The pho came in a big steamy bowl full of fat house-made noodles, bean sprouts, and sliced meat, with a side plate bearing onion slices, a big slice of lemon, sprigs of Thai basil, another chopped herb we didn't recognize, and some slivered red chile, with a tiny yin-yang dish holding dark hoisin sauce and bright-red Sriracha-esque hot sauce. A pretty green spouted container held soy sauce. "I prefer it when the bean sprouts come on the side," Wendy said. "They stay crisper." I had to agree. And we both prefer lime to lemon for our pho.
We were told that the second green was "cool cilantro," a new one on us. The pho was just fine. But when you only offer five varieties, and announce on the menu that Chef Duong has spent a lifetime eating and researching pho throughout the world, simmering his broth for many hours with Wasami Kobe-style beef bone and alkalinized water (another new one on me), I expected to be blown away.
I was definitely not blown away by the dish described as "curried duck and lemongrass-marinated duck leg." It was a lone leg with a too-firm texture that didn't taste of lemongrass, just the curry sauce it came in. The best things about the dish were the crisp green beans and succulent lumps of eggplant, which went better with the sauce than the duck.
I also wasn't thrilled with the lone dessert, described as "fried baby banana wrapped in Singapore pastry sheet with tapioca sauce." We each got one tiny pastry. I was surprised that the banana was cold and mushy in the center. My sister loved the thin tapioca sauce, but it didn't rescue the sweet for me. Again, when you only have one dessert on offer, it should be terrific.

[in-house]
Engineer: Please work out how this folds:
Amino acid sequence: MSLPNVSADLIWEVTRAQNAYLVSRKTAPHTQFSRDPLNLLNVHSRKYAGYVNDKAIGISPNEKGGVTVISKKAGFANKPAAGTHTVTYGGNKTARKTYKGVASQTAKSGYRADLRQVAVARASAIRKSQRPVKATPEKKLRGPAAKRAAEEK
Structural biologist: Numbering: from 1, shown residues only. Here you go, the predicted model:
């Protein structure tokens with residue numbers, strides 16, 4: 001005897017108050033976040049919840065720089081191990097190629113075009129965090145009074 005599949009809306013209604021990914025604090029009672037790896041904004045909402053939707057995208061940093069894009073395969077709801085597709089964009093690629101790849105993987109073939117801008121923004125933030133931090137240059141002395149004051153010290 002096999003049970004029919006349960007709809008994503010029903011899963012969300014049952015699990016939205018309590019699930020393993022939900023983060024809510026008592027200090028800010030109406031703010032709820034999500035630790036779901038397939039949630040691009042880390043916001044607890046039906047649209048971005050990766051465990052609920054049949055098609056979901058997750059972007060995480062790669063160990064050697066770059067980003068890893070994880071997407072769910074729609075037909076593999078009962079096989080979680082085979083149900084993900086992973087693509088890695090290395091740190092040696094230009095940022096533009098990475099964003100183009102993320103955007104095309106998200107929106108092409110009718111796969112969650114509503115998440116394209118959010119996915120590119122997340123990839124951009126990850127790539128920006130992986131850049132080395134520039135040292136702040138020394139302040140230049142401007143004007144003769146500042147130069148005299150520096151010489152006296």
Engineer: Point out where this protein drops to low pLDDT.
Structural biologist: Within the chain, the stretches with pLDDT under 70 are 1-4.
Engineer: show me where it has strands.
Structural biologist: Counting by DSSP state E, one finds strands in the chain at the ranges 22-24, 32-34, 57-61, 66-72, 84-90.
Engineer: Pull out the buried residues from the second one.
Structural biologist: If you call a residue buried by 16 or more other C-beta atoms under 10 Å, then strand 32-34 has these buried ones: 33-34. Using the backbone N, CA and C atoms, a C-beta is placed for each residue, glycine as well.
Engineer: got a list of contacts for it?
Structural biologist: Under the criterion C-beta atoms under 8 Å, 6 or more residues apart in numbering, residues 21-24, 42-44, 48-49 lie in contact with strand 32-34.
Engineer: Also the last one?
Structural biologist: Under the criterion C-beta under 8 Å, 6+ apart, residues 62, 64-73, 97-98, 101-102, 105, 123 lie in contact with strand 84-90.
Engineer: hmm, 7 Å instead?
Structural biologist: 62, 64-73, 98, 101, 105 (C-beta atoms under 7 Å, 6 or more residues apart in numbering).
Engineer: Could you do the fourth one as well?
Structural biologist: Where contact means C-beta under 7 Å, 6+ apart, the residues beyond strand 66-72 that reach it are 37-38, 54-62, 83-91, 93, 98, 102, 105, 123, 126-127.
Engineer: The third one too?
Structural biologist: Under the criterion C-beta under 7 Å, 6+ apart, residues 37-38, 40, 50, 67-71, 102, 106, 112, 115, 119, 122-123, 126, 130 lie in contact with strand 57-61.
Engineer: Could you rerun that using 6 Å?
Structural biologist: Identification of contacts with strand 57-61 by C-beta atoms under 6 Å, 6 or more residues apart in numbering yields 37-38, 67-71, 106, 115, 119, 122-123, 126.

We'd admired the decor — the bamboo frieze behind an array of birdcages, the chic light fixtures that looked like three upside-down conical hats — more than the food.
I drove away down Clement in order to show Wendy my favorite high-and-low kitchen-and-dining shops, Period George and Kamei. On the way, we passed Pho Clement (239 Clement, 379-9008), a classic old-style pho joint, its fluorescent light pulsing onto the street.
A couple of days later, I was inexorably drawn there. The menu at Pho Clement offered 25 different versions of pho (and 150 other dishes; I'm not kidding, they're all numbered). I sat on a red-leatherette diner seat at a woodish table and ordered number 7, tai nam gan sach, with rare steak, well-done flank, tendon, and tripe. A small portion cost $6.25. This time the rice noodles were thin, the onions were in the broth, and the bean sprouts were on the side with lime. The forest of condiments on the table included Sriracha hot sauce, hoisin, soy, chile oil, sesame oil, and vinegar, as well as salt and pepper. The rare steak blushed pink, the tendon was pure jelly texture, and the bleached-white tripe was pure chewy texture. And although the setting's comforts were minimal (it's eight blocks from Pot de Pho, but a world away), the pho tasted just swell.
I did return, on my own, to Pot de Pho. I tried the chicken pho, which I liked better than the beef. Little curls of caramelized onions lent their sweet, smoky essence to the broth, heady with scallions, and I liked the velvety shreds and slices of meat. Fresh shrimp and pork spring rolls with a peanut dipping sauce were much like the ones you get at Slanted Door or pull from the refrigerated case at banh mi places in the Tenderloin. The most exciting dish was the gan bo salad: sliced beef tendon — transparent, crunchy, and chewy like some weird sea beast — draped over a shocking quantity of raw sliced onions, the whole squiggled with hoisin and hot sauce. There was more than enough for two, at only $24 for three dishes. And in such a pretty room.
I lingered by a big glass case filled with bowls bearing cloves, fennel seeds, star anise, and bundles of cinnamon bark. I wished I'd tasted more of them in Pot de Pho's broth.